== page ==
Tuesday, November 13, 2012

Endnotes: What Lingers from My Reading

This is the beginning of a new series I’ve been noodling on for some time. It’s a compendium of the facts, events, and ideas from my nonfiction reading that I believe deserve a larger audience. For those of you without the time or inclination to read the books from my lists, “Endnotes” will give you an inkling of what stands between the boards.

Considering my current reading theme, the posts will most likely be animal-related. There’s a wealth of information out there that the general public isn’t aware of (and in some cases, even the scientific community isn’t sharing with one another) and should be—about animal behavior, intelligence, emotions, and compassion. What we don’t know can hurt us, and our ignorance most assuredly hurts nonhuman animals.

These posts may or may not include commentary, may or may not be short, may or may not appeal to you. Even so, when you see the word Endnotes in the title, you at least know what lies ahead. And so we begin…

Bad News for Bears
Bears aren’t the only animals who become sobriety-challenged* periodically, but black bears’ benders were noted in Massachusetts one year and the hunting season was put on hiatus until they recovered. Apparently, after gorging on apples, the cider left in the bears’ stomachs fermented and caused the critters to stumble around in a stupor.
—From John McPhee’s Table of Contents

* I realized this morning after reading Sally Roth’s Attracting Songbirds to Your Backyard that I’ve come across downed birds before who had probably had a few too many berries. They looked sick, stunned, in need of help. And then suddenly, as I was anxiously thinking through what to do next, they’d fly off. Silly me: They didn’t require rescue; they just needed to wait out the hangover.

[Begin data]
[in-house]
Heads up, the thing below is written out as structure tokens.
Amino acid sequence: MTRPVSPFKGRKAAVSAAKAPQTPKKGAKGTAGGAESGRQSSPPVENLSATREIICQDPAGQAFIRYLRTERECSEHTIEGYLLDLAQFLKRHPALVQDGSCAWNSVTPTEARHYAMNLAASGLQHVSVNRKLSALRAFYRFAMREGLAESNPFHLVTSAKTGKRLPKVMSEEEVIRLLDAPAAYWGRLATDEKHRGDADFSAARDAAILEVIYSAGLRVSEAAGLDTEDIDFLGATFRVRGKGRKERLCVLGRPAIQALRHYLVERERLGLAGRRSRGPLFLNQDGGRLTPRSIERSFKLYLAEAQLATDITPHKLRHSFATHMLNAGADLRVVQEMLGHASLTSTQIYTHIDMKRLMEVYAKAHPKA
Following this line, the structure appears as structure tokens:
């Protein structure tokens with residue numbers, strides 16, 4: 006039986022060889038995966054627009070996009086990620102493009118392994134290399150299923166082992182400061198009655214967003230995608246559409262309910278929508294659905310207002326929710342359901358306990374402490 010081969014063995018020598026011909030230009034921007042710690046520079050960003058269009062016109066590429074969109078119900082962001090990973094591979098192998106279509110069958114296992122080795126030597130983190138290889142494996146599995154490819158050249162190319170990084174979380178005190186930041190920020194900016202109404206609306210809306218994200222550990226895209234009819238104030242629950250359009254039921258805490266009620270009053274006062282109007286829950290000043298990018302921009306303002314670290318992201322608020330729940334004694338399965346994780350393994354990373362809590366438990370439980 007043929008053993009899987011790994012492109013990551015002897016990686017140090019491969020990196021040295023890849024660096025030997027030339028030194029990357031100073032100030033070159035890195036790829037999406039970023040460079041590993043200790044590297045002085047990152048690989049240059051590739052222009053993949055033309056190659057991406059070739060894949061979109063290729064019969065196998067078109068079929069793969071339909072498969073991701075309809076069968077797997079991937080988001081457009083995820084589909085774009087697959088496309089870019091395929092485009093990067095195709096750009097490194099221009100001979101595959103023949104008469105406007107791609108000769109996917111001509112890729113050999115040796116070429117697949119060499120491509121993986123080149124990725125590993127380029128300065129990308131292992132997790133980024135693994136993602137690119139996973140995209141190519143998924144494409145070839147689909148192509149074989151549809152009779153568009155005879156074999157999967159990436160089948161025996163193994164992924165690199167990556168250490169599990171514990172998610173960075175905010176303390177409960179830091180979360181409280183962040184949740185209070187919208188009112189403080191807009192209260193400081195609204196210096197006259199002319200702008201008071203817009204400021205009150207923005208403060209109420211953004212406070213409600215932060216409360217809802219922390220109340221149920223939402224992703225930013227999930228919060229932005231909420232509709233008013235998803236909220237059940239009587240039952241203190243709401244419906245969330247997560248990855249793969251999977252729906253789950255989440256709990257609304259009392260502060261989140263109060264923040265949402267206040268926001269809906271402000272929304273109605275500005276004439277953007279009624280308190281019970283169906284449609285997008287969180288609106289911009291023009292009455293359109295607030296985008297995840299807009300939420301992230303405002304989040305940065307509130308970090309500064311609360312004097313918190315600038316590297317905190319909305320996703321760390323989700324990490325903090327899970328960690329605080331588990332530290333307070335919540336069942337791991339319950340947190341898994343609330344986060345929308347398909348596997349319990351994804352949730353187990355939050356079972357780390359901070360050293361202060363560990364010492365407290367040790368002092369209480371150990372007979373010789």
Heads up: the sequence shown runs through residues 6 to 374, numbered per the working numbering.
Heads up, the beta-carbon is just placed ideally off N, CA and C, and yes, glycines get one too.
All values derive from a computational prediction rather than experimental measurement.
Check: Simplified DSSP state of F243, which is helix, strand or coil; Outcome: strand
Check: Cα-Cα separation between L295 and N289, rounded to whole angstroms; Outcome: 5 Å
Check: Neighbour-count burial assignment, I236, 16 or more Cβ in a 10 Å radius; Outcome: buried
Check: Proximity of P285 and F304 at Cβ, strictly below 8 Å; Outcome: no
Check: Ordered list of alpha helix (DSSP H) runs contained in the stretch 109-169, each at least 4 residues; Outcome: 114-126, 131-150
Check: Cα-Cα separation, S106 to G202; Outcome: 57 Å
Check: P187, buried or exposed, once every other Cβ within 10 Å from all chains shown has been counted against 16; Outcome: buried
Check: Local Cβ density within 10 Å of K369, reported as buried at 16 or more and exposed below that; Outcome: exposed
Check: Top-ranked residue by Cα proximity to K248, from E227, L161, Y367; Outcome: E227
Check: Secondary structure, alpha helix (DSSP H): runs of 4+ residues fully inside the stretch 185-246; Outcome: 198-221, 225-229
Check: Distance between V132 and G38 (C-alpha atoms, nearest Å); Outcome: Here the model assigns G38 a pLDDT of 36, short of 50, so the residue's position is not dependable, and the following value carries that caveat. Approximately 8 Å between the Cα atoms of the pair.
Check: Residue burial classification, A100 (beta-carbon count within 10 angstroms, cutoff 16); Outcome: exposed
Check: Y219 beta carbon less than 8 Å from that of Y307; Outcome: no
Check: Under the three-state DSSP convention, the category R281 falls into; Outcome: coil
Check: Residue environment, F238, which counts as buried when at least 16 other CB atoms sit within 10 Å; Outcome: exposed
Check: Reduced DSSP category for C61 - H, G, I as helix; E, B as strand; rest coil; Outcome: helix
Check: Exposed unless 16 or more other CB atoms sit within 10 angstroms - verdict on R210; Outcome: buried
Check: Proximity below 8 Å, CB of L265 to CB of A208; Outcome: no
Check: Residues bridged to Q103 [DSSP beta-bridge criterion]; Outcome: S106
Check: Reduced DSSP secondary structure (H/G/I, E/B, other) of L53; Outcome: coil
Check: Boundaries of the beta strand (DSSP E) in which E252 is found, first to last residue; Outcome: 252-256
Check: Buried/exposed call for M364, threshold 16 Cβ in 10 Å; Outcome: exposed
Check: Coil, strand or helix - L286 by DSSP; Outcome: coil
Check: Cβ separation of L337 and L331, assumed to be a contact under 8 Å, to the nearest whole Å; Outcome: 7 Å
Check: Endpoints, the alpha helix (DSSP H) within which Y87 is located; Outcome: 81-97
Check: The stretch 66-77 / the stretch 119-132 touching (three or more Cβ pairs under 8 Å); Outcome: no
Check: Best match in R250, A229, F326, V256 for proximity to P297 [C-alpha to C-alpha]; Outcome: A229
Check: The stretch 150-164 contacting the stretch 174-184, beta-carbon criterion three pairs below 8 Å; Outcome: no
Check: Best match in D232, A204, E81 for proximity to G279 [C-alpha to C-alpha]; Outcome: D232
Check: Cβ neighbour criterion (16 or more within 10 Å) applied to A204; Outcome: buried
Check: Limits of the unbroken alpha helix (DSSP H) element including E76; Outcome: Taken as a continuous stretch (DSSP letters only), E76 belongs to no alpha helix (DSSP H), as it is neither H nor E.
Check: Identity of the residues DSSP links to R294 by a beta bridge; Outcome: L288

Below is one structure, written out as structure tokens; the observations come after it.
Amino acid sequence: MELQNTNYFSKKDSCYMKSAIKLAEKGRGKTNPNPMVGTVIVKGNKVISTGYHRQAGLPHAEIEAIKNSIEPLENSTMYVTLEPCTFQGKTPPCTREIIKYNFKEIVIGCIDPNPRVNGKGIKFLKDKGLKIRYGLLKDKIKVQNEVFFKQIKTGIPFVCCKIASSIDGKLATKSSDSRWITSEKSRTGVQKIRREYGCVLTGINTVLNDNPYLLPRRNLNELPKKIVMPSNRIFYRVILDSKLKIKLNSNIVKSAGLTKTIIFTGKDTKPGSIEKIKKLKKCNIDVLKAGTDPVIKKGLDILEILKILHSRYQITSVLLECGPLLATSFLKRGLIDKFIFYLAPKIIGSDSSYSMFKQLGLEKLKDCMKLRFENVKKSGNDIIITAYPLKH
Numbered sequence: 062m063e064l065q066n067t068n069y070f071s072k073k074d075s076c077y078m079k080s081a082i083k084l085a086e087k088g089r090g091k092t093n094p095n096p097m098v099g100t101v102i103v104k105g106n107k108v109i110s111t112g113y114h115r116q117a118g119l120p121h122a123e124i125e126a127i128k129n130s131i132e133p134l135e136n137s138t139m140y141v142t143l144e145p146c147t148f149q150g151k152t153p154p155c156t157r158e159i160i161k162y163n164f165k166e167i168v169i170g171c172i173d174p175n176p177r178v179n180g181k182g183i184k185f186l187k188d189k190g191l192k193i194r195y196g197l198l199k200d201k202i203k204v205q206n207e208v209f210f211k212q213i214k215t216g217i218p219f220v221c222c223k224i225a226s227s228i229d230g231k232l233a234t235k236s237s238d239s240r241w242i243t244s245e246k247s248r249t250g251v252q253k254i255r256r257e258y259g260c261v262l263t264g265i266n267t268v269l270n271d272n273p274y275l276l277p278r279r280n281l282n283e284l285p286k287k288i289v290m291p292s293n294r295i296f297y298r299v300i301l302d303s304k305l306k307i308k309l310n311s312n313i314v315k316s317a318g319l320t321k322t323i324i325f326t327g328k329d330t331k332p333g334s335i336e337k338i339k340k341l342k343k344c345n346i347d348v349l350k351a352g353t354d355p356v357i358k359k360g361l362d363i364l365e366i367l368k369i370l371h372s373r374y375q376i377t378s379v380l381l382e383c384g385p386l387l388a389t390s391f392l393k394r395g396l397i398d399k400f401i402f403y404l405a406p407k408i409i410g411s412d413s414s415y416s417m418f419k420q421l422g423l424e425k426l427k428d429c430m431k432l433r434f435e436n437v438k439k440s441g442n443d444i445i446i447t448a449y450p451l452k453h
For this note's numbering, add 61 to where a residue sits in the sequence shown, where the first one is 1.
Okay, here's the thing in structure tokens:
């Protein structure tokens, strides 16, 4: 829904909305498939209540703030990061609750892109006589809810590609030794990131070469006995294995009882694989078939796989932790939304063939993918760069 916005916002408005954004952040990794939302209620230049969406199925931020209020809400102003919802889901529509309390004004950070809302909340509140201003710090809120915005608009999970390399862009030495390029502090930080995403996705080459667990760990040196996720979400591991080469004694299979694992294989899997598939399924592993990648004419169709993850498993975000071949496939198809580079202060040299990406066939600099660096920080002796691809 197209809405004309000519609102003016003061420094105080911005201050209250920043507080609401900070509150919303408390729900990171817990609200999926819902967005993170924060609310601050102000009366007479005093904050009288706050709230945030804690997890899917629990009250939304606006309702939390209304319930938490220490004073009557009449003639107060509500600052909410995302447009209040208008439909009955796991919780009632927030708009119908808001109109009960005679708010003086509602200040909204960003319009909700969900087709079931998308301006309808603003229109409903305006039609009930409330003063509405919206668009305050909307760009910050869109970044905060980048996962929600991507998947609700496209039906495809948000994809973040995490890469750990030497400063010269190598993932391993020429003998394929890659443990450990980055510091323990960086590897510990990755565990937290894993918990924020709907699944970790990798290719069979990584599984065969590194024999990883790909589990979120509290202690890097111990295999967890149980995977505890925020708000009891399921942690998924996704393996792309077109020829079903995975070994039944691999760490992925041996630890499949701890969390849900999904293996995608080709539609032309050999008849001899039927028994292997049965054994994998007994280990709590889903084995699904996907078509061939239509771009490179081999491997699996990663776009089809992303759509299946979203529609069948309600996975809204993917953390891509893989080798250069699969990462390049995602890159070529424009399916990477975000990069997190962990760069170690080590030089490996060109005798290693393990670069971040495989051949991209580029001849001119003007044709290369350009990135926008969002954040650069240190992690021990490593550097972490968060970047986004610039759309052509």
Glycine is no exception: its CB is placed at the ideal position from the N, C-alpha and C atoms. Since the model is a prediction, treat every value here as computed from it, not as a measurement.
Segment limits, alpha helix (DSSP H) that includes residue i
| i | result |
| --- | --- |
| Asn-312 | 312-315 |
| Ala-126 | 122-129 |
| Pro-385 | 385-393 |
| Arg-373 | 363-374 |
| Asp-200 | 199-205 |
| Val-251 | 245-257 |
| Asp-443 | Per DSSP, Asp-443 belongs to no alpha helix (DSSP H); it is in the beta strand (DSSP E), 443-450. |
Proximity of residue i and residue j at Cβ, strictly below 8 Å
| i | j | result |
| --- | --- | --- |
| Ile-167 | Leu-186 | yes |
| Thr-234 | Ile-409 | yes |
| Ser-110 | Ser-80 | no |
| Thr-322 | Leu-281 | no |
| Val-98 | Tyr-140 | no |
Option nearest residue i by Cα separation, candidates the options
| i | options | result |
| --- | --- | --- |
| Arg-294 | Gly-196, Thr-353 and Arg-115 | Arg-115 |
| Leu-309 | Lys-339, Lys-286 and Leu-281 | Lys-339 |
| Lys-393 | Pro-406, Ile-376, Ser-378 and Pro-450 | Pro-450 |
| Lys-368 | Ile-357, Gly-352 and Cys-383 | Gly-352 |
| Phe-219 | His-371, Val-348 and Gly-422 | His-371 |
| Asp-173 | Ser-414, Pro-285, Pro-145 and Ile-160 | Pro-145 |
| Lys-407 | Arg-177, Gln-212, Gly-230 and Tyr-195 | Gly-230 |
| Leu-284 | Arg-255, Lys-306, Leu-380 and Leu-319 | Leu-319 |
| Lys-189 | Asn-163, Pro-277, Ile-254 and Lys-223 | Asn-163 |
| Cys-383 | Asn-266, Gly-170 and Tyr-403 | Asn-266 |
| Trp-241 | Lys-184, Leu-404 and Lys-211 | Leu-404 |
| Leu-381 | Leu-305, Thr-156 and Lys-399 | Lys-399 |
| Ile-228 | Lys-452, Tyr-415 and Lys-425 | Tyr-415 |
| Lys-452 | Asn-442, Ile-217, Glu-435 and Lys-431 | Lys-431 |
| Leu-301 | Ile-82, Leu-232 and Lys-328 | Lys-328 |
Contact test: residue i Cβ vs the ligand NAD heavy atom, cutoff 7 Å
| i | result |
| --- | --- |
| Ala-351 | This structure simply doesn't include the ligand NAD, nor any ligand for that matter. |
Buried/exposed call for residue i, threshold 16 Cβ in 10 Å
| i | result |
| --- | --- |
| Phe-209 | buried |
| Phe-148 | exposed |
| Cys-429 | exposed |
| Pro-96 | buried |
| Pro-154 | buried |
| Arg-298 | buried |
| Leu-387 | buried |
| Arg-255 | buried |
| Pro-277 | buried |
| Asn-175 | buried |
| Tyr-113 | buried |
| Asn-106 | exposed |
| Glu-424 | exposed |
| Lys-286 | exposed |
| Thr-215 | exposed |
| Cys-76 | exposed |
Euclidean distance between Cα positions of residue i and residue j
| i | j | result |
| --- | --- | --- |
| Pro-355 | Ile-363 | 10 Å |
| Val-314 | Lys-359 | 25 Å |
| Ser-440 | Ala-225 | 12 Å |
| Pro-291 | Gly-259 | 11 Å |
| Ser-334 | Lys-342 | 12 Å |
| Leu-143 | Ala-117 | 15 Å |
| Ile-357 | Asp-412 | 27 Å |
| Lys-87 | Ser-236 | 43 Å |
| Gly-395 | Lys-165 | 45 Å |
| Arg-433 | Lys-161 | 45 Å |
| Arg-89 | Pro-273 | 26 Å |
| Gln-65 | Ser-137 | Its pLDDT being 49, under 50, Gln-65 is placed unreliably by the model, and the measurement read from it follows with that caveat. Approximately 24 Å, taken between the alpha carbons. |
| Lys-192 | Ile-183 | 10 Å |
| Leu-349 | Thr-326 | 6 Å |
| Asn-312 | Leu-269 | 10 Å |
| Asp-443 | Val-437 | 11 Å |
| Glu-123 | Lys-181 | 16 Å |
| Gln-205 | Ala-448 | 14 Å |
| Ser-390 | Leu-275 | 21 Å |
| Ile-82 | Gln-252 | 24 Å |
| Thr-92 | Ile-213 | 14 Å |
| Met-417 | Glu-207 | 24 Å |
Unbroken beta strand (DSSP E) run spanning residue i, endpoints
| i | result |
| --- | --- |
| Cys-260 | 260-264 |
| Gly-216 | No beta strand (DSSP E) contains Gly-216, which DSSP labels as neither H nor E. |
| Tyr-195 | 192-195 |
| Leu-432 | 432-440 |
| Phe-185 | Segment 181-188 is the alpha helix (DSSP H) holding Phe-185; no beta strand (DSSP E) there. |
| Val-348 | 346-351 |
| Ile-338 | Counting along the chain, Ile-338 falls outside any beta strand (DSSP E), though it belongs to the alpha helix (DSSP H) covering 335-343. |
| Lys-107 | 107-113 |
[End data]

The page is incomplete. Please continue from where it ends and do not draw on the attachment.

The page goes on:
A Different Kind of Dairy Farm

When visitors to Kite’s Nest Farm are invited to try milk from the farm’s dairy cows, people get more than a mouthful. They learn firsthand that cows allowed to live freely and raise their calves naturally produce milk that even lactose-intolerant folks can tolerate, milk that varies in taste according to the breed it came from and according to each animal’s eating and drinking preferences. They learn that dairy farming doesn’t have to be cruel to be profitable.
—From Rosamund Young’s The Secret Life of Cows

A Hippo Driven by Compassion
Separated from her herd, a tiny impala escaped into a nearby African river as a pack of African wild dogs chased her. They ceased their hunt at the water’s edge, though, for they were outmatched by a formidable predator the young impala hadn’t noticed: a crocodile.

Nearby, another creature was watching as the drama unfolded, and though she was no enemy to crocs, she took action when the reptile grabbed the impala in his vise-like jaws. The hippo charged the croc, which likely astonished him more than roughed him up, and his prey flew out of his mouth.

The hippo nudged her rescue out of the water and the baby struggled to move to firmer ground. The hippo stood over the impala, slowly and repeatedly blowing air into the little one’s airways and across her body, trying to strengthen and warm her. But the croc had been too much for the babe. In spite of the hippo’s efforts, the impala perished.

Why is this anecdote important? Typically this kind of cross-species compassion in the wild is not believed or is rationalized or ignored altogether by the scientific community. However, this particular event—showing not only compassion, but swift decision-making and noninstinctive behavior—was caught on film. Similar events may happen in the wild far more frequently than we’re aware of.
—From Jeffrey Moussaieff Masson’s Dogs Have the Strangest Friends

[Bear photo by Jim Blackwood; cows photo by Rosamund Young; impala photo by Rebecca Conroy.]

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